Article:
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POINT, RAY, AND CIRCLE
WILLIAM BENJAMIN SMITH, A.M., PH.D. (Goett.)
PROFESSOR OF MATHEMATICS AND ASTRONOMY
UNIVERSITY OF THE STATE OF MISSOURI
- K**D DIVERS TY LIBRARY
TYPOGRAPHY BY J. S. CUSHING & Co., BOSTON, U.S.A. PRESSWORK BY BERWICK & SMITH, BOSTON, U.S.A.
THIS book has been written for a very practical purpose, namely, to present in simple and intelligible form a body of geometric doctrine, acquaintance with which may fairly be demanded of candidates for the Freshman class, and is in fact demanded at this University of the State of Missouri. This purpose has regulated both the amount and the character of the matter introduced. The former might have been made larger, the latter more uniform and scientific, but only — so at least it seemed to the author at a sacrifice of usefulness under existing conditions.
Much more than one year's study can hardly be given to Plane Geometry in the majority of High Schools and Academies
a fact that sets rather narrow limits to practicable treatment of the subject. In such a course the Apollonian problem would seem to present itself as a natural and rightful goal. Besides, in its solution the logical play, while direct and simple, is yet highly instructive and even artistic, — all the concepts of the foregoing sections are summoned up and marshalled and brought to bear upon a single point. But if any such goal is to be attained in such a time, the path pursued must not be tortuous, and there will be little leisure for lateral excursions. In the Exercises, however, the view of the student is considerably widened so as to embrace most of the more familiar theorems omitted from the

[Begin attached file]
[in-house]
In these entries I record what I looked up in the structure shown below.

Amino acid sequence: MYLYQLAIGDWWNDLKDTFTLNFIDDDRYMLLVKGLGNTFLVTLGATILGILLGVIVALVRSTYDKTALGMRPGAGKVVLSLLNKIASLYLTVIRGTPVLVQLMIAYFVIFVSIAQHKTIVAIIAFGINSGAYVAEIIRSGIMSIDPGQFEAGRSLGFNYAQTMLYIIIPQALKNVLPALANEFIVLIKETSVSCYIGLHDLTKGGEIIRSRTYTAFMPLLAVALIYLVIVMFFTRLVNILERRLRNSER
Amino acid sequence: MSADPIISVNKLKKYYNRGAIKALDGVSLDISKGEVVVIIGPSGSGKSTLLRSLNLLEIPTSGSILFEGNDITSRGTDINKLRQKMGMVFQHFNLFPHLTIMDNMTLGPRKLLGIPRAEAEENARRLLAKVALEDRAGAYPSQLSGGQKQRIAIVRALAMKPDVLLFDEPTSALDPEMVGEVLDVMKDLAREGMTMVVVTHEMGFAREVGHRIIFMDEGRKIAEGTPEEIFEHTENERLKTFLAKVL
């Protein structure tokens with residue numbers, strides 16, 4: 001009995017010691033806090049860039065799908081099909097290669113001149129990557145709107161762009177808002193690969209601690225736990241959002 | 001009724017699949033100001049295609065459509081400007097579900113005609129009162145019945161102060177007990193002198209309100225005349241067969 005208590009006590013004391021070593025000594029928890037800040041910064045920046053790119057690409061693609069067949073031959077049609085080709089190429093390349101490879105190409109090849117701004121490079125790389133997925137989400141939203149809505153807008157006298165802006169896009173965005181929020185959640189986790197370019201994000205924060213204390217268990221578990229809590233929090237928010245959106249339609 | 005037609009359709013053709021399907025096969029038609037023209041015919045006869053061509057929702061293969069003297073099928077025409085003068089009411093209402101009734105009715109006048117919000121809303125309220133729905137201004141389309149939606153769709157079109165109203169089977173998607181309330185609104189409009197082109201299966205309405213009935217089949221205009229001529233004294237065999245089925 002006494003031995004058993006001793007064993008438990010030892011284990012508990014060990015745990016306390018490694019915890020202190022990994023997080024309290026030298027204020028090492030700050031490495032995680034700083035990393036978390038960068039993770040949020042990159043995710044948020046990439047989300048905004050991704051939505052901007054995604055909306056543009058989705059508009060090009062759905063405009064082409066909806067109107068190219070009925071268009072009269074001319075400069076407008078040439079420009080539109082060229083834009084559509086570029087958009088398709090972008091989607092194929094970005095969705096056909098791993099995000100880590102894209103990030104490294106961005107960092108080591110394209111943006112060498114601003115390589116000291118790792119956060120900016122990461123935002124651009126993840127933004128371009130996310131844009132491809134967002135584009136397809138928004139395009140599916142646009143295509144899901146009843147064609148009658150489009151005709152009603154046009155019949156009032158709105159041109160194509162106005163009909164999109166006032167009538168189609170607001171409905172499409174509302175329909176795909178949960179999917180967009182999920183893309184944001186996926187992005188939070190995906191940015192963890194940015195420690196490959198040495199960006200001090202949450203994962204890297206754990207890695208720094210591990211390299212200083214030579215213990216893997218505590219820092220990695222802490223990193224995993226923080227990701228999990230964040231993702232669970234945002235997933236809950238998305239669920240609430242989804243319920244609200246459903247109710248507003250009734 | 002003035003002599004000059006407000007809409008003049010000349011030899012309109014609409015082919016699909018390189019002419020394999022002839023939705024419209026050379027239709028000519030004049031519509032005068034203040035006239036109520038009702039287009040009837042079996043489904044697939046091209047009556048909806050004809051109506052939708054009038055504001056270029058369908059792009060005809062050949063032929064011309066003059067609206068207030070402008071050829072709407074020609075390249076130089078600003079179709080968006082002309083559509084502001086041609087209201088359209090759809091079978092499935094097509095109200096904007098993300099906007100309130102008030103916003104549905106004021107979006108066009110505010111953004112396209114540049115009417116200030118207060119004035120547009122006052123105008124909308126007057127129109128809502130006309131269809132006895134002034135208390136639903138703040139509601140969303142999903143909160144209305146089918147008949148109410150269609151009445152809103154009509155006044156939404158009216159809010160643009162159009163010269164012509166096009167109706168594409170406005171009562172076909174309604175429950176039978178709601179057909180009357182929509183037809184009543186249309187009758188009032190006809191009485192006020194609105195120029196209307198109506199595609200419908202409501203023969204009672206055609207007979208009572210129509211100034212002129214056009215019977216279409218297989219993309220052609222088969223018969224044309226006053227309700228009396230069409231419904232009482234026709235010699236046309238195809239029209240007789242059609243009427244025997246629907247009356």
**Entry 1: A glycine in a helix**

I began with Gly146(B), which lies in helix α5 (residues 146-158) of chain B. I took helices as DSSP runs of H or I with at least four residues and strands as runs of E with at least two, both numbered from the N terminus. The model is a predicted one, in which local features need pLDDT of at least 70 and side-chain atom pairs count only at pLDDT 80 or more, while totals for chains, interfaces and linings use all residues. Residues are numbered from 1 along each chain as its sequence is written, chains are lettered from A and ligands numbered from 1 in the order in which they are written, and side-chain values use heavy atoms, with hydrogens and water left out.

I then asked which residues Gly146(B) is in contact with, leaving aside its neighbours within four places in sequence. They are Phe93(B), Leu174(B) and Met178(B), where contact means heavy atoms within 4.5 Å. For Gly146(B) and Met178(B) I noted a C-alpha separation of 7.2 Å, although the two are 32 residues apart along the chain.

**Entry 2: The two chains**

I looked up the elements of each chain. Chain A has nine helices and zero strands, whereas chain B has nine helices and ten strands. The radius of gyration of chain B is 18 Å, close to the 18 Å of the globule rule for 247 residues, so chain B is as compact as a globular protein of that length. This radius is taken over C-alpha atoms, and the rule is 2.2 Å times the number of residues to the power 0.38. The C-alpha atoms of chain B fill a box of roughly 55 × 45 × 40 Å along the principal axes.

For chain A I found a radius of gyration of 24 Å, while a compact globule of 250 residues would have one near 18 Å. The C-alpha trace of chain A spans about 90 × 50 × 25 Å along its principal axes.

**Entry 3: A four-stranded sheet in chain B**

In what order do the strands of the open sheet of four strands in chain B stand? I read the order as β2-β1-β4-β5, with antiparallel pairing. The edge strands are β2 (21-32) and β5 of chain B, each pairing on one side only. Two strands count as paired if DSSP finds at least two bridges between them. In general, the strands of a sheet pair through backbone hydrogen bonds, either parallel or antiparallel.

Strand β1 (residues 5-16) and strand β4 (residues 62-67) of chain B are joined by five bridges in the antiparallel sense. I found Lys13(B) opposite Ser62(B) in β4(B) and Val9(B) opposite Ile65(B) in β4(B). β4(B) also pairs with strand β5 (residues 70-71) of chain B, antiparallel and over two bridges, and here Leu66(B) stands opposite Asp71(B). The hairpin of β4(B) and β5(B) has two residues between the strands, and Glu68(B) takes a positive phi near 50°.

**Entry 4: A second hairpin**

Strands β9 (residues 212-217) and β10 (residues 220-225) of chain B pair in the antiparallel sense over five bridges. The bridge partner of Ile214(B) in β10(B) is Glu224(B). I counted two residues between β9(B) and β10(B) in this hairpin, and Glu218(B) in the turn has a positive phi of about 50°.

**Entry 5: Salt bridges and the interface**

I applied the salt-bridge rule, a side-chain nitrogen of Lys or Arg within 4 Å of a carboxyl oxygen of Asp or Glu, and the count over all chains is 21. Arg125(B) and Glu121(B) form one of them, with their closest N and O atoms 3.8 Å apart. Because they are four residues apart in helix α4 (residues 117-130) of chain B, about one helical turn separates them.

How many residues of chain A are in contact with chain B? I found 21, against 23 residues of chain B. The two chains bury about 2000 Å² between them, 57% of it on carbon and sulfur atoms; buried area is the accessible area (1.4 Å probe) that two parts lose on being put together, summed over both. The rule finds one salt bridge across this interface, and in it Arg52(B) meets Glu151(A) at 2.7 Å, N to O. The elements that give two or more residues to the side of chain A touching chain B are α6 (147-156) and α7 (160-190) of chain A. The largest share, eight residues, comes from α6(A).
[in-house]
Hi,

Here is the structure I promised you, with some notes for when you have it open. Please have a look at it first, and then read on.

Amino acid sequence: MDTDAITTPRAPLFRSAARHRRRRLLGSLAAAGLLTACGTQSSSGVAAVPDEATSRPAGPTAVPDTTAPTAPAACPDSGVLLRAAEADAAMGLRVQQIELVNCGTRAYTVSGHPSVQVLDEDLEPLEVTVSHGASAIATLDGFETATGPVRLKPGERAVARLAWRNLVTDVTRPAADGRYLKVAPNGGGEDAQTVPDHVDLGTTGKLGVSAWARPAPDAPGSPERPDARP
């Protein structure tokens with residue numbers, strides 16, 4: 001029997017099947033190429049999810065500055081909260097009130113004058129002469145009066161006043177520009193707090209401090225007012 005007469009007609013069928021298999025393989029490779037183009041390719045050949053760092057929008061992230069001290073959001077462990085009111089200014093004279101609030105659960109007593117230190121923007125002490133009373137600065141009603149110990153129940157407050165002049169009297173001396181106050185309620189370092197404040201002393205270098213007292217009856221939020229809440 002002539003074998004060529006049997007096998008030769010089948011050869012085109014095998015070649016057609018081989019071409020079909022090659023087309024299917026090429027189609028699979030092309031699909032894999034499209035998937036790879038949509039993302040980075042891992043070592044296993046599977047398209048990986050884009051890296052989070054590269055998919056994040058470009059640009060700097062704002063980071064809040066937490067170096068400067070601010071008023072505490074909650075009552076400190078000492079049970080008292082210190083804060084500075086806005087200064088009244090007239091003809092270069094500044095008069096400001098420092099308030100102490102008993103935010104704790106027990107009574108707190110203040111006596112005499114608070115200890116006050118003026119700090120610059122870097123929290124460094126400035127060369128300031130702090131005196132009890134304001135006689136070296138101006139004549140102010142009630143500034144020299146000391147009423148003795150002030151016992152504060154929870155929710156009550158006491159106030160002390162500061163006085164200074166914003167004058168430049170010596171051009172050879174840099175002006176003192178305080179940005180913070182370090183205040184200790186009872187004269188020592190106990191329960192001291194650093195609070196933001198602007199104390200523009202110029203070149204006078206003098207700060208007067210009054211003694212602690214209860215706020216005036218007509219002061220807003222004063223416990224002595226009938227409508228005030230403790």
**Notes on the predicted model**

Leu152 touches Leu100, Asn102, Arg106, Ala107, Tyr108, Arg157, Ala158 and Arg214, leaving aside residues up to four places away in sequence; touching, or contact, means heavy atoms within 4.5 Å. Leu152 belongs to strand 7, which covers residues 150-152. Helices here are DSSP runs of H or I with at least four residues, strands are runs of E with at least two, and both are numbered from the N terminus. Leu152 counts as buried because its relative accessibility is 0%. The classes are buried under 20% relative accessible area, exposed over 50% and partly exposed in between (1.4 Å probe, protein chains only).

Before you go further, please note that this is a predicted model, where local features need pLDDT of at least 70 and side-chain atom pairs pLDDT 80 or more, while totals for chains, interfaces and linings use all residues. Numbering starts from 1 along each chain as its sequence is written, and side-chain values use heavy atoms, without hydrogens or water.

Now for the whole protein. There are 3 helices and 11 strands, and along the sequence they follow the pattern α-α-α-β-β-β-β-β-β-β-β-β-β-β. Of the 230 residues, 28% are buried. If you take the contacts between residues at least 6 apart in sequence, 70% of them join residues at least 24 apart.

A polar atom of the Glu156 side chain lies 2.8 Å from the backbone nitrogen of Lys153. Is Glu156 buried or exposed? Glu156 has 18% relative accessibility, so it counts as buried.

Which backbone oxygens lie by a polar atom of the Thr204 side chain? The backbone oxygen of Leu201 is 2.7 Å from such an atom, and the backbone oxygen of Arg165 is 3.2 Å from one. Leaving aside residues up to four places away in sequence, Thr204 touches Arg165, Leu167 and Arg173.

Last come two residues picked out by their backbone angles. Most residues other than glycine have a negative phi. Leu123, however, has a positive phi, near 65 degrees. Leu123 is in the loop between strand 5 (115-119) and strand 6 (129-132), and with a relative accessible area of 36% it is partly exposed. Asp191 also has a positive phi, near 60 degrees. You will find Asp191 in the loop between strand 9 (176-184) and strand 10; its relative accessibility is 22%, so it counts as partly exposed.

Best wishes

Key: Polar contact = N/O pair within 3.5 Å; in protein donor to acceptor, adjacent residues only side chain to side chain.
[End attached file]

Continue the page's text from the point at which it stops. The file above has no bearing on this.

text. These Exercises have, in fact, been chosen with especial reference not so much to their merely disciplinary as to their didactic value, the author being persuaded that quite as good exercise may be found in going somewhither as in walking round the square. The problems proposed for solution will not merely drill the student in what he already knows, but will greatly extend his knowledge, in particular, of projection and perspective, guiding him nearly as far as he can conveniently go without the help of the Cross Ratio a notion which the narrow scope of the work as a mere introduction seemed to exclude from employment. It is believed that advocates of the heuristic method may find in these problems ample playroom for the ingenuity of their pupils. As regards both the matter and the arrangement of this part of the book, the author would lay little claim to originality, but would rather acknowledge indebtedness to his predecessors in the attempt to modernize geometrical teaching, particularly to the valuable and indeed admirable works of Dupuis, Halsted, Henrici, Newcomb, Frischauf, Henrici and Treutlein, and Mueller.
Up to the Taction-Problem the notion of Form has dominated the whole discussion, but in the following sections certain metric relations of great importance receive due consideration.
With respect to the methods employed and the point of view assumed, a preface is no place for apology. With such as approve the resolution of the 31st Assembly of German edu
"Im Unterricht der Elementargeometrie an Realschulen und Gymnasien bleibt die Euclidische Geometrie dem System nach bestehen, wird aber im Geiste der neueren Geometrie reformiert,"
argument would be needless; with others it might be useless. The case stands in a measure as with the Gospel saying, made